Well, it turns out JPMorgan is going even deeper down the crypto rabbit hole. The bank has started pitching its own passive bitcoin fund to clients. JPMorgan is developing this fund in partnership with a company called NYDIG.
So JPMorgan has gone from calling bitcoin a fraud… to allowing clients to invest in third-party cryptocurrency trusts… to building its own bitcoin fund. There are two reasons for this big flip-flop…
First, high-net-worth clients and family offices are scrambling to get crypto exposure. But they don’t want to buy cryptocurrency directly. That would require them to take custody of their own coins.
Instead, they want their bank to provide a custodial product that makes it easy for them.
Dimon was very clear about this. He said that he still doesn’t like bitcoin, but his clients are interested in it. And he doesn’t tell his clients what to do. That’s kind of funny considering that his bank is home to one of the largest networks of financial advisors in the world.
Second, JPMorgan stands to make more money in fees by selling its own in-house crypto products. That’s a no-brainer. I bet the bank was surprised at how much demand there was for the third-party trusts, and it quickly realized how much money it was leaving on the table by not having its own fund.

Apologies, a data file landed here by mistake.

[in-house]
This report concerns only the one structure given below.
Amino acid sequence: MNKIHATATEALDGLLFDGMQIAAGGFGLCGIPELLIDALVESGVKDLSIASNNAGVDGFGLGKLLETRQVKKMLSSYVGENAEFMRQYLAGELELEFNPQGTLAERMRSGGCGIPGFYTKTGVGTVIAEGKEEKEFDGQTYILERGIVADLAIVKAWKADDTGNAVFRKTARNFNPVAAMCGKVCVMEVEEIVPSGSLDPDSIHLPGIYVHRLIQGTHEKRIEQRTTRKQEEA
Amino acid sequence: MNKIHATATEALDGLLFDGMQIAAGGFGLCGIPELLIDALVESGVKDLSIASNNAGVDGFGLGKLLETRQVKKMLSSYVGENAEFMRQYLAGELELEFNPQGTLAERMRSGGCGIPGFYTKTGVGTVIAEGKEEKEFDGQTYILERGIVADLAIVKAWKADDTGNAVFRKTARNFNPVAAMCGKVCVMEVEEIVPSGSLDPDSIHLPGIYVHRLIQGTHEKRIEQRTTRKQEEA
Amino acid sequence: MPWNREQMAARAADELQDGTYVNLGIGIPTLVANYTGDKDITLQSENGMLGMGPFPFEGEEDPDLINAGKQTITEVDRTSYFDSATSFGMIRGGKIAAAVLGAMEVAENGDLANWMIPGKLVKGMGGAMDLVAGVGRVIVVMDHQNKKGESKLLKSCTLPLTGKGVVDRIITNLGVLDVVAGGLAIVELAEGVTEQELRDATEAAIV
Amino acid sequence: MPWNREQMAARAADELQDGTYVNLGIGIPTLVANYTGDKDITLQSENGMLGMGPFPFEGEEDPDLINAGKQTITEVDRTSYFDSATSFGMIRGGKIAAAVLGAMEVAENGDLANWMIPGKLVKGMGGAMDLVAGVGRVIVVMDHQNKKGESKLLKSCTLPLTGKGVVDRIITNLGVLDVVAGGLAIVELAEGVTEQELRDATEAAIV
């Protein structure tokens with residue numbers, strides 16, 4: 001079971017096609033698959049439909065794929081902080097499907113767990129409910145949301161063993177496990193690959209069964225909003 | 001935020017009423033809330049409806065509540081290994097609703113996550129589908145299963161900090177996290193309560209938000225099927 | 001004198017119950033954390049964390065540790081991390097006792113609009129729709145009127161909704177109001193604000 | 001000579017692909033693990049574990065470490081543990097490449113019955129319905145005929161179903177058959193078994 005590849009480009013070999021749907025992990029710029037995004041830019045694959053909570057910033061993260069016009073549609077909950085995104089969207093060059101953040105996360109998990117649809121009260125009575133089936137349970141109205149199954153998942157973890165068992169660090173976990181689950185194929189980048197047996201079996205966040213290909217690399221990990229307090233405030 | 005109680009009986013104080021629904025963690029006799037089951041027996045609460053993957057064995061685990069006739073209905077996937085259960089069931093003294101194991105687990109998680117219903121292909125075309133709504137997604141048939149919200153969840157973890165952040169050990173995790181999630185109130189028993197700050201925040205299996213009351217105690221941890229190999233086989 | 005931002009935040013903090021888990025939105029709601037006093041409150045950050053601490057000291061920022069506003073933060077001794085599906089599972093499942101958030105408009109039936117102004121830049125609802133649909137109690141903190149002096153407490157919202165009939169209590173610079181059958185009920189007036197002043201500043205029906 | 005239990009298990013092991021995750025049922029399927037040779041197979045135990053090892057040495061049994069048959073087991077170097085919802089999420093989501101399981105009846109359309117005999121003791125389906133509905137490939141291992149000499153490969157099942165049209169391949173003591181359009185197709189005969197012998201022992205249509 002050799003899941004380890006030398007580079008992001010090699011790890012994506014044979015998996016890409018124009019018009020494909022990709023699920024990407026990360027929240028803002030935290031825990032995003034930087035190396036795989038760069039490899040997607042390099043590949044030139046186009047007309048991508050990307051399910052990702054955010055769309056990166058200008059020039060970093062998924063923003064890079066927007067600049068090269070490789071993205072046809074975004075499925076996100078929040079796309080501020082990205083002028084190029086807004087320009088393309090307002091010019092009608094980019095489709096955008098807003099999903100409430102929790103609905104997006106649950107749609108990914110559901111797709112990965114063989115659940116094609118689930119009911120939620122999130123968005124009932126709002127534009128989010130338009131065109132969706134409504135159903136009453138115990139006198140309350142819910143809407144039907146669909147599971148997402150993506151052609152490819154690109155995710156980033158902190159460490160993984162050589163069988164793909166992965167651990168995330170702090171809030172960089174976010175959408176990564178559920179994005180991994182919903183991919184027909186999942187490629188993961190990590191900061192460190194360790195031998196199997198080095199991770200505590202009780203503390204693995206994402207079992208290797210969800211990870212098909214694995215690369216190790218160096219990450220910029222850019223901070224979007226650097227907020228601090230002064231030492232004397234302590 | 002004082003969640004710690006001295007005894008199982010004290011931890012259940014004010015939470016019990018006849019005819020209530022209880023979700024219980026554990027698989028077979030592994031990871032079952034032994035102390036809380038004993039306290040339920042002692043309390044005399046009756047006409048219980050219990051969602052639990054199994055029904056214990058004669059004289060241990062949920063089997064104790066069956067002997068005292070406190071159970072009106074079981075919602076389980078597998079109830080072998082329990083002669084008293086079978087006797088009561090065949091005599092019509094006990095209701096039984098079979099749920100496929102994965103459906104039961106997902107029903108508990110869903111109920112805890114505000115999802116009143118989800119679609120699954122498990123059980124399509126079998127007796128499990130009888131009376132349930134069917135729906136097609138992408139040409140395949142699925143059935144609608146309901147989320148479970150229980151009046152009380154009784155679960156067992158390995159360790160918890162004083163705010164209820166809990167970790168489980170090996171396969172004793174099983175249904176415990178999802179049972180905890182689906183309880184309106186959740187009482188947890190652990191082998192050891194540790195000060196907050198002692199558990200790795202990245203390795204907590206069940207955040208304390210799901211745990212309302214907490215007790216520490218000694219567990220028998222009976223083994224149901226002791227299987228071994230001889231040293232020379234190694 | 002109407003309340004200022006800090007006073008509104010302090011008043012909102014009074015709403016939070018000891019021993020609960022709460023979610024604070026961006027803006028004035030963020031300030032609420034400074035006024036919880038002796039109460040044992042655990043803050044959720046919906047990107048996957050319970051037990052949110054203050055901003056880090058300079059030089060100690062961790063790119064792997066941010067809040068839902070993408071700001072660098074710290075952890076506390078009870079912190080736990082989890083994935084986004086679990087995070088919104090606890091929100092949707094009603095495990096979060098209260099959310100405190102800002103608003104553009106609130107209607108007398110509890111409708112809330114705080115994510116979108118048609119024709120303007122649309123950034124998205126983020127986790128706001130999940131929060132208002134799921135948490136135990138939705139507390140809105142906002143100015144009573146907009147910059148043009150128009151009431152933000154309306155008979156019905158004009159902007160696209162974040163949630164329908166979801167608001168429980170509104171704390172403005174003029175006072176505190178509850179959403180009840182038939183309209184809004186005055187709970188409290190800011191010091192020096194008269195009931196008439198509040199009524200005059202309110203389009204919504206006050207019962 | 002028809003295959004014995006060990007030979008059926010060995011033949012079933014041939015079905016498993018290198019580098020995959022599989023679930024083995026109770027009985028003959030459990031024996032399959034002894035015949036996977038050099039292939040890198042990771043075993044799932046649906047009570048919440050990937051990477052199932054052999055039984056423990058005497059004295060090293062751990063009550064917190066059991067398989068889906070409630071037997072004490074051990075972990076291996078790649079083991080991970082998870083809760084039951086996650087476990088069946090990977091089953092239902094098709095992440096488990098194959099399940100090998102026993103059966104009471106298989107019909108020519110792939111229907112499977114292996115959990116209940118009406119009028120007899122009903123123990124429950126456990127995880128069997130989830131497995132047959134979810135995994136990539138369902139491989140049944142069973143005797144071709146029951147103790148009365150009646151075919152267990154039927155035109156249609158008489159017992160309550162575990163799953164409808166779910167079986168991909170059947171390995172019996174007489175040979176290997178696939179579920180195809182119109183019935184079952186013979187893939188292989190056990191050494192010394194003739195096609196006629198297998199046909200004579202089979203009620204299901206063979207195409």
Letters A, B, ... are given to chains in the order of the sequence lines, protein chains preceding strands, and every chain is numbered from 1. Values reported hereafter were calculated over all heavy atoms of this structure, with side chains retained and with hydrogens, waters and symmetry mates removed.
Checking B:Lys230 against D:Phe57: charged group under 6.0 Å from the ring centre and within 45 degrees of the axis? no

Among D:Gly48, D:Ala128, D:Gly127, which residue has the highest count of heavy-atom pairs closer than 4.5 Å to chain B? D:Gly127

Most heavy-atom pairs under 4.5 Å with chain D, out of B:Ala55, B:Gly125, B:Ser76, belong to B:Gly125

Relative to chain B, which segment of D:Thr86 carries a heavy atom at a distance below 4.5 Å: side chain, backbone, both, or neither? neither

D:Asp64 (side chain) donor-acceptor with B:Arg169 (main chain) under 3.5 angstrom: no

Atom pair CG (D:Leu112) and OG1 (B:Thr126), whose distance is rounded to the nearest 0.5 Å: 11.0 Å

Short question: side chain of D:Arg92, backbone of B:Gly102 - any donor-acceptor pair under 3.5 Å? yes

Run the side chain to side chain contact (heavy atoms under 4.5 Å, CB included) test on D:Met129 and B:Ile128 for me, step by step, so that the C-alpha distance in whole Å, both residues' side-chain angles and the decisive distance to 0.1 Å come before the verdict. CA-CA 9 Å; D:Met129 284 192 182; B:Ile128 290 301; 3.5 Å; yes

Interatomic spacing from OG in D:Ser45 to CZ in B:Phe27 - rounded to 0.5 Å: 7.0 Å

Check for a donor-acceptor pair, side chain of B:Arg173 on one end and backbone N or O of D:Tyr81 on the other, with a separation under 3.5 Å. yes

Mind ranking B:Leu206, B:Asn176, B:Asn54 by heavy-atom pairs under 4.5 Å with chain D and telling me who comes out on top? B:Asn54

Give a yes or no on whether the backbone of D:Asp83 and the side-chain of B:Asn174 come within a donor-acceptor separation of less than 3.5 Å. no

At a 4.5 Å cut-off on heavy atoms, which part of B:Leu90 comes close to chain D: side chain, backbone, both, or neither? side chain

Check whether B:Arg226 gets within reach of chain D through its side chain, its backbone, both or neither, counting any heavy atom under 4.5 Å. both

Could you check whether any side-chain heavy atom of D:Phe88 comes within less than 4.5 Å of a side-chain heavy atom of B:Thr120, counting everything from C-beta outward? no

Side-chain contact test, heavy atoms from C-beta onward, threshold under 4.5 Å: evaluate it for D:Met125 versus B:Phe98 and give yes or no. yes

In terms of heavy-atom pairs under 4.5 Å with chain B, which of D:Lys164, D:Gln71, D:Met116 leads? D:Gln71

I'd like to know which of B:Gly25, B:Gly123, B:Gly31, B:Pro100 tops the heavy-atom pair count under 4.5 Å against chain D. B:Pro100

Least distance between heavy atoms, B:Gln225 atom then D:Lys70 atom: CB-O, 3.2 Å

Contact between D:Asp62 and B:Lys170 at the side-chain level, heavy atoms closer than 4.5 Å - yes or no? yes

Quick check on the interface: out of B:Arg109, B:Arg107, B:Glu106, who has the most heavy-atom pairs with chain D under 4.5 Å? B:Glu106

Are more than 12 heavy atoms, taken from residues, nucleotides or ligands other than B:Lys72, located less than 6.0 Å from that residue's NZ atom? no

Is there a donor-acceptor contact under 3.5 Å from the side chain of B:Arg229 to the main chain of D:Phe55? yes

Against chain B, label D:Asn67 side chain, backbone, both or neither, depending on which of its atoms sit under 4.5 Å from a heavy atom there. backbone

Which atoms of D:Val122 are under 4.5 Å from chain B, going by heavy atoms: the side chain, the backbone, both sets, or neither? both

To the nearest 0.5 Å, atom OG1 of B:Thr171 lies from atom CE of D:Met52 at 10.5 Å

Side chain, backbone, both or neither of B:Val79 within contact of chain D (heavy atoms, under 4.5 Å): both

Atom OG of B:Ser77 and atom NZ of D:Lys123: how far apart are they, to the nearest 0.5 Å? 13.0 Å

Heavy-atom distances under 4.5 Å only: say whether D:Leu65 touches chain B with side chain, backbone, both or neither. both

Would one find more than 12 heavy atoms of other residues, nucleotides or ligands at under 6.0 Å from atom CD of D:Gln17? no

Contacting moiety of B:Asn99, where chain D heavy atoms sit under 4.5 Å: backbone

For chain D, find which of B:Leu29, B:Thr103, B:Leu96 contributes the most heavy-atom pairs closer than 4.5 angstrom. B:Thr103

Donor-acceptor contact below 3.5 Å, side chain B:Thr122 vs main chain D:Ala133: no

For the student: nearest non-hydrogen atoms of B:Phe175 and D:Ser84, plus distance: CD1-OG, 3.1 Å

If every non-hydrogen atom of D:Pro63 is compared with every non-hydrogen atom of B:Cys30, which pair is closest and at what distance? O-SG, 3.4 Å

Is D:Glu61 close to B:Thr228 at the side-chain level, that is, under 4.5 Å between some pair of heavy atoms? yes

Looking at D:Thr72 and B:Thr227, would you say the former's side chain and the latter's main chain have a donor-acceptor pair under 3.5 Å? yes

So here we have a major legacy incumbent reluctantly making a big move into bitcoin and the digital asset space. This is very bullish for the crypto markets and the blockchain industry overall.
And it’s just the latest sign of adoption… We’ve begun seeing major movement in NFTs and other digital assets that are opening new markets to investors. As demand increases, these spaces are only going to grow from here.
And if you want to learn how to begin investing in digital collectibles and other exciting assets right now as this trend gets underway, then you can go here to watch my recent presentation on this area.
This early stage cybersecurity company caught the attention of the CIA…
A big early stage venture capital (VC) raise just caught my eye. Cybersecurity company Nozomi Networks just raised $100 million in its Series D funding round.
And if we look at Nozomi’s valuation, it’s now worth nearly half a billion dollars. That’s up sharply from the most recent valuation of just $140 million. That means Nozomi Networks has nearly tripled in value in the last three years.
This is no surprise given the company’s focus. Nozomi deploys cybersecurity technology that protects critical infrastructure. This includes government facilities, water and electrical utilities, and other core infrastructure.
Of course, this area of cybersecurity has come under the spotlight in recent months.
We had the Colonial Pipeline hack over the summer. That caused major gas and jet fuel shortages all along the Eastern Seaboard. It even led to gas lines reminiscent of the ’70s.